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More prisoners leave for Guantanamo
KANDAHAR, Afghanistan -- Guarded by U.S. troops and attack dogs, a second group of suspected Osama bin Laden supporters departed yesterday for a U.S. prison camp in Cuba as U.S. bombers flew their most punishing raids in weeks on caves near the Pakistani border.
The 30 prisoners, shackled and with their faces covered, shuffled in the darkness onto a C-17 transport plane for the flight to the Guantanamo Bay Naval Station in Cuba.
The men were among nearly 400 Taliban and al-Qaida suspects interned at Kandahar. A U.S. military official said one of them had identified Richard Reid, accused of trying to blow up a trans-Atlantic flight with explosives hidden in his sneakers, as someone he had trained with at camp run by bin Laden's al-Qaida network.
The official, who spoke on condition of anonymity, said Reid was identified from a photograph, but had no further details.
The 30 detainees flown to Cuba will join 20 others who arrived from Kandahar on Friday. Hundreds are to be eventually flown to Guantanamo Bay.
Lights at the Kandahar base were shut off except for low-intensity red and green lighting as the men were marched onto the plane. Security was tight, with attack dogs and Humvees with .50-caliber machine guns patrolling the area.
In Kabul, state-run television reported that Afghanistan's interim government had ordered provincial officials to recruit 6,000 men to become the backbone of a professional military free of the ethnic and territorial divisions that have led to years of conflict.
In Pakistan, Fazal Hadi Shinwari, Afghanistan's newly appointed chief justice, vowed to sentence bin Laden and fallen Taliban leader Mullah Mohammed Omar to death if they were brought before him.
The war remained very much alive in the rugged hills of Paktia province along the Pakistani border. Daylight bombing that began in the morning over Zawar, the site of a suspected underground hideout of al-Qaida and Taliban members, continued throughout the day and intensified at night into what appeared to be the heaviest attack since last month's strikes on the Tora Bora cave complex.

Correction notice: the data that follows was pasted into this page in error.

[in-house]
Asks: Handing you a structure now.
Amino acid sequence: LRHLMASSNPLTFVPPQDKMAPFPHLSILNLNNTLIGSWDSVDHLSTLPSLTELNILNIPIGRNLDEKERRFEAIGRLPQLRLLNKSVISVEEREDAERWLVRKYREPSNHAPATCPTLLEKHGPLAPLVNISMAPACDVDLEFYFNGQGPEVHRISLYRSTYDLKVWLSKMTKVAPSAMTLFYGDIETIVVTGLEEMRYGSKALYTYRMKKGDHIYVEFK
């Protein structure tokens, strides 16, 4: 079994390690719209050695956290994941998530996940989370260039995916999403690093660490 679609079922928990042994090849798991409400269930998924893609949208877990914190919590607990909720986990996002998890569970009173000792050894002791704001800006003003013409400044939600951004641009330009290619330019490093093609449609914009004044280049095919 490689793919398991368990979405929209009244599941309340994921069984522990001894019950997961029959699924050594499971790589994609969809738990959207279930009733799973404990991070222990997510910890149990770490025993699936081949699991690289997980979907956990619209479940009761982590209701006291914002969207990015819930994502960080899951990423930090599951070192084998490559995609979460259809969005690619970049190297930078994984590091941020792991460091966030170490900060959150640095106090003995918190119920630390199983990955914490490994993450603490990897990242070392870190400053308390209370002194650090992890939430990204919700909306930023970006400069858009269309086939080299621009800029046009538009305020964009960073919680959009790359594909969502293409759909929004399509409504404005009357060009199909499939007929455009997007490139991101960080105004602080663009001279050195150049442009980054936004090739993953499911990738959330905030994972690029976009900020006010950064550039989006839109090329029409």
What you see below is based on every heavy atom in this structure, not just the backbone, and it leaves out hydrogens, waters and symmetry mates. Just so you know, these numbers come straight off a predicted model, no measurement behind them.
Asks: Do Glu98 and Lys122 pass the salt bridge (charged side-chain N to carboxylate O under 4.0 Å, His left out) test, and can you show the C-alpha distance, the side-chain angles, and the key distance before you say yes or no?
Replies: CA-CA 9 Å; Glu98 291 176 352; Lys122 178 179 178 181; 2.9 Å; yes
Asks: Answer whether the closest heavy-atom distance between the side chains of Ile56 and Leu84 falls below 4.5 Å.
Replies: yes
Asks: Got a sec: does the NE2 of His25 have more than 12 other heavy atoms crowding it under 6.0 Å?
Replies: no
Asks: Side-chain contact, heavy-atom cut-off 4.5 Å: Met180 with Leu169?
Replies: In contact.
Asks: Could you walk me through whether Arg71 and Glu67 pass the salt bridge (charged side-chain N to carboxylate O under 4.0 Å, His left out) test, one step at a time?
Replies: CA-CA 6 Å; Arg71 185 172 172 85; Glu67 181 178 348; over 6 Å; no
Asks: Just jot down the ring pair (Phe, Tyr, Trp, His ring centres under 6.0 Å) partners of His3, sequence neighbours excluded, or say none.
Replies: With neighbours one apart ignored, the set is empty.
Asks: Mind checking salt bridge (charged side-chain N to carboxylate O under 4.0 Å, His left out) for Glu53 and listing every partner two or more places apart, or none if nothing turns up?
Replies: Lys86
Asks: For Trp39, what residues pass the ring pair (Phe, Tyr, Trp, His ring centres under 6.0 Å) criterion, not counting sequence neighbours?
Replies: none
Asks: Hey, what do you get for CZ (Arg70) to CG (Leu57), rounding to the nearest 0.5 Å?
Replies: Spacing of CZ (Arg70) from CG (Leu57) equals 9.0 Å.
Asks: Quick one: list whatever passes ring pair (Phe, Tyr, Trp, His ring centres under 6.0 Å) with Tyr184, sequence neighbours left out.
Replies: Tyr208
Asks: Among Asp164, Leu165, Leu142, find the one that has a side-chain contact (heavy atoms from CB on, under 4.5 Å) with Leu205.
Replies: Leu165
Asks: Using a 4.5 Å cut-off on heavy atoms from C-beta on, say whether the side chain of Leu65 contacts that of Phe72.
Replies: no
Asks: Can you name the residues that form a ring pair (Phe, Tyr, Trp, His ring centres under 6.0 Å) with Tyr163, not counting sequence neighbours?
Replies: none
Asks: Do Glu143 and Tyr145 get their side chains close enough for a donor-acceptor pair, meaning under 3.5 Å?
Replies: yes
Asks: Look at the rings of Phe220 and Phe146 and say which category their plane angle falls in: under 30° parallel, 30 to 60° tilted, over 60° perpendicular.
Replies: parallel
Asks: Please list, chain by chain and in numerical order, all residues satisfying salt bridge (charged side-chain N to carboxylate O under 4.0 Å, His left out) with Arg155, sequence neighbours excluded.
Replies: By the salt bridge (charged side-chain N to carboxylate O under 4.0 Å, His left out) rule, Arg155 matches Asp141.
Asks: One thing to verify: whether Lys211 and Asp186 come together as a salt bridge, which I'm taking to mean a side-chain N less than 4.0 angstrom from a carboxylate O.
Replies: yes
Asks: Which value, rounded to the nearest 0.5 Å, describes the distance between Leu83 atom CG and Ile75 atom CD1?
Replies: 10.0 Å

Buried beneath the slate gray mountains on the border with Pakistan, the Zawar camp has been hit by U.S. bombs over the past 10 days. It was the base of one of the Taliban's senior commanders, Jalaluddin Haqqani.
Sur Gul, security chief of Khost, 20 miles to the southeast, said the underground passages continue to shelter Islamic militants -- mostly Pakistanis belonging to the now-banned Jaish-e-Mohammed group, Chechens and some of bin Laden's Arab warriors. Locals say Omar and other Taliban figures may be in the area.
Intelligence reports said al-Qaida fighters had been using the area to regroup and leave Afghanistan, the Pentagon has said.
Villagers say the bombing has been relentless and deadly. One of them, Noorz Ali, said 15 people were killed and most of the 35 homes destroyed in his village, less than two miles from the military camp.
Special forces, sighted several days ago in the Khost area, remained in the region yesterday, apparently seeking Taliban and al-Qaida holdouts but refusing to discuss their mission. Seven soldiers, weighed down with weapons and communications equipment and accompanied by heavily armed local guards, were sighted meeting with Bacha Khan, the governor of Paktia province.
Also yesterday, military investigators continued to search the site where a U.S. KC-130 aircraft crashed Wednesday in the rugged mountains of southwest Pakistan. They were looking for the last of the seven victims and clues to what caused the crash.
"The search will continue," said Lt. Col. Martin Compton of the U.S. Central Command. "The Marines will leave no one behind."
A plane carrying the remains of the six arrived yesterday at the U.S. Rhine-Main Air Base in Germany, adjacent to Frankfurt's international airport. From there, they were to be taken to Dover Air Force Base in Delaware.
At Kandahar, troops repaired two bomb craters at the airport, which was becoming more active. Two C-130 transport planes and seven helicopters, including several CH-54 Skycranes landed within the space of an hour.
One of the C-130s had a mural of the New York City skyline on its fuselage, complete with the World Trade Center towers and the slogan: "Never Forget."